Sermon given by Rev. Patrick Crocker at First Christian Church in Las Cruces on November 19, 2023.
How do you and we imagine God when we enter into prayer? What is it that keeps you and us going during times in fear? And what is it that is the greatest treasure that has been entrusted to us?Read more: Harshness and Generosity
This story is one that is familiar to a lot of us that have spent any time in the church. Generally called the Parable of the Talents, in one translation: a parable about investment, and it’s one that the Stewardship Committee usually appreciates that it falls during stewardship time. Just happens that way in the lectionary. Or maybe that’s why we have stewardship drives when we have them, so that this will fit in. But I have to wonder.
Yes, the English word “talent” that we have, meaning an ability or something that we do well, derives directly from this parable. This Greek word talenta, which was roughly the monetary equivalent of 15 years wages. So imagine yourself if you were given 15 times your current salary to do something with, to care for, for an unknown period of time. Or imagine 30 years salary. If your mind is big enough, imagine 75 years worth of your salary. What would you do with it?
From my friends who are better versed in the financial world, you can tell that preachers are not usually in that group, they tell me that this story is confusing for them as well as for anybody else. Because to double your money in a short time involves an awful lot of risk. I sometimes wonder about the stories within the Bible that I wish had a little footnote or an extra version or a reboot. I wouldn’t want Disney to do a reboot of this one, but maybe you know another good director. Could they do a reboot on this one and have a servant who risked and lost it all? Because I’d be interested to see what Jesus said about the response there.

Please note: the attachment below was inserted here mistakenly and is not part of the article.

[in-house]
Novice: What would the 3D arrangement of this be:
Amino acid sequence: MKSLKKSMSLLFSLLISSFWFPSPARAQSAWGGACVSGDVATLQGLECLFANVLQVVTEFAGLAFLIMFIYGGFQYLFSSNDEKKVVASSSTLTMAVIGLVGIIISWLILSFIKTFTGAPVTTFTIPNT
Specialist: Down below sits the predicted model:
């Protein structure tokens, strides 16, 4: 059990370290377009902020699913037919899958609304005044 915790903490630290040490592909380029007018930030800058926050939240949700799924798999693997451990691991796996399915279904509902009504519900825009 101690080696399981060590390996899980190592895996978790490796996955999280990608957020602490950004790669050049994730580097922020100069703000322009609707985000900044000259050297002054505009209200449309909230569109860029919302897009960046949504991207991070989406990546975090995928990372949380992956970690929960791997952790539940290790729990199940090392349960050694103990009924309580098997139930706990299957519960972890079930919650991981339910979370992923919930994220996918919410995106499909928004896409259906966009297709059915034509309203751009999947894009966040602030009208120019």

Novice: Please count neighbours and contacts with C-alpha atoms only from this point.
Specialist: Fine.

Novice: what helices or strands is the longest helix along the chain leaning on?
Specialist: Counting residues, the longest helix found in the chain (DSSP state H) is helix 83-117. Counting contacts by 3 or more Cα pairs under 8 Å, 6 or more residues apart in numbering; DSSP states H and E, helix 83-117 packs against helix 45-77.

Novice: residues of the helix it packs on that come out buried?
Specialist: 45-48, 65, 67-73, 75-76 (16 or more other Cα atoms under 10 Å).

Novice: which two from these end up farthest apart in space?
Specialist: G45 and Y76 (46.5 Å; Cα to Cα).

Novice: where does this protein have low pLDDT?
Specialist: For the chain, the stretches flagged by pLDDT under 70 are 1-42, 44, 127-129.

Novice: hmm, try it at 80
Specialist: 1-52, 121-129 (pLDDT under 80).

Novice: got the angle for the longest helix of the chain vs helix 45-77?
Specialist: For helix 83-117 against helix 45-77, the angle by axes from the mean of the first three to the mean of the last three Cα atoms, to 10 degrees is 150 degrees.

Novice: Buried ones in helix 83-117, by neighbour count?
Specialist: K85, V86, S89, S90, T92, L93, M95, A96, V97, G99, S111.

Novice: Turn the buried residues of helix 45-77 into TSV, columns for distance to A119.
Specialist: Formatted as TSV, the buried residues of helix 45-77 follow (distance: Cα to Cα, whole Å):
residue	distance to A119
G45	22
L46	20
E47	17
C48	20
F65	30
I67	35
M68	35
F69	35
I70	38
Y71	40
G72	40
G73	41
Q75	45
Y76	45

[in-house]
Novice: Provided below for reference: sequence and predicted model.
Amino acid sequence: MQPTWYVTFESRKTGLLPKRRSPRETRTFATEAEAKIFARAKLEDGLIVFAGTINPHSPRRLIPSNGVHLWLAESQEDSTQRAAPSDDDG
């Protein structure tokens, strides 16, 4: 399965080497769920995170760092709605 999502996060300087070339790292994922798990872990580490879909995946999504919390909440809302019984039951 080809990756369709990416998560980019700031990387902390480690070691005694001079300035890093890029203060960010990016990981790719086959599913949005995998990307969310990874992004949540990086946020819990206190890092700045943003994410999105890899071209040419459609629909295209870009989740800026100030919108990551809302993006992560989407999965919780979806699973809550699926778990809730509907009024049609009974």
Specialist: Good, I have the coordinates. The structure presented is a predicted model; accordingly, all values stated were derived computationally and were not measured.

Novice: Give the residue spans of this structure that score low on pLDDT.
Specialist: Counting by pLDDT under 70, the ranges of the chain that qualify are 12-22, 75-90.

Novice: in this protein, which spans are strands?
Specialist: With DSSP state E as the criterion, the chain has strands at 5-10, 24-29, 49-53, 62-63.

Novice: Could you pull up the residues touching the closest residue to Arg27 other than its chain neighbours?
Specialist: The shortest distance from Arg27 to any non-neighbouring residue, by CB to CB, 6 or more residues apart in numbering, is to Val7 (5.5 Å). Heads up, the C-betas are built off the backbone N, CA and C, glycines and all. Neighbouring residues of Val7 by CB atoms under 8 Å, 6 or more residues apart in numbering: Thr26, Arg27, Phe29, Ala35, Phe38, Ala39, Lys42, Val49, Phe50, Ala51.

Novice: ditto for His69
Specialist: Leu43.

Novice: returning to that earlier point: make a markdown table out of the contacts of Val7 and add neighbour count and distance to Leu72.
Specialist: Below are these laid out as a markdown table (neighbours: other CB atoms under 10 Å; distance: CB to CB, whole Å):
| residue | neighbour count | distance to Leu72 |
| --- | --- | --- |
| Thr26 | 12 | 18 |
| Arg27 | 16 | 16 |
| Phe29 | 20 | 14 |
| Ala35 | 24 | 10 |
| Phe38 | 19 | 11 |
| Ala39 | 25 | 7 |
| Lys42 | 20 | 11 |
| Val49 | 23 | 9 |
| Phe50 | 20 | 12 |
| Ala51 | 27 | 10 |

This story is not really about the servants who do well with their investments, the servants who get lucky. As we look at it, this story portrays one servant who was wise according to the financial practices of his day. And as we look at some of the financial shenanigans that we’ve had during our own lives here, it might be a good idea for now too. The old investment practice of the sock in the mattress. And the response from the divine is not, “that was wisdom,” but rather, “that was foolishness.” So hopefully that makes us wonder whether this is not really about money after all.
The version of the Bible that I have used most often with us here sinks very small. He translates the monetary units as $5,000, $2,000, and $1,000. And most of us could blow through that amount within a day or two. Certainly the long weekend that’s coming up, many of us will be blowing through that much money. So I appreciate the larger minded imagination of the First Nations version points us to something larger. But there again I wonder, is that too small? What is the great treasure that has been entrusted to you, to me, to us, together as a community?
What if we were to read this in a little bit different way? After all, we see that at the beginning, we have no indication that the master, the headman, is harsh. We see instead generosity, distributing wages, huge amounts of money, each according to the ability of the one to whom he entrusts it. 75 years worth of salary. 30 years worth of salary. Even 15 boggles my mind. We see generosity. We don’t see harshness until we come to the one who decided that that master was harsh. And so I have to wonder if this story is about something other than money.
It’s perhaps about the way that we approach God. After all, this parable is in a series talking about the end of time, how we are to respond to this long delay, long from our perspective anyway. If a thousand years here are as a day in God’s sight, then Jesus just barely got his boots off. We have to give Him a little time to rest and refresh. And if the Creator is anything like my German grandmother, there is going to be more than enough food to last for two or three days and you got to eat all of it so you don’t make anybody mad.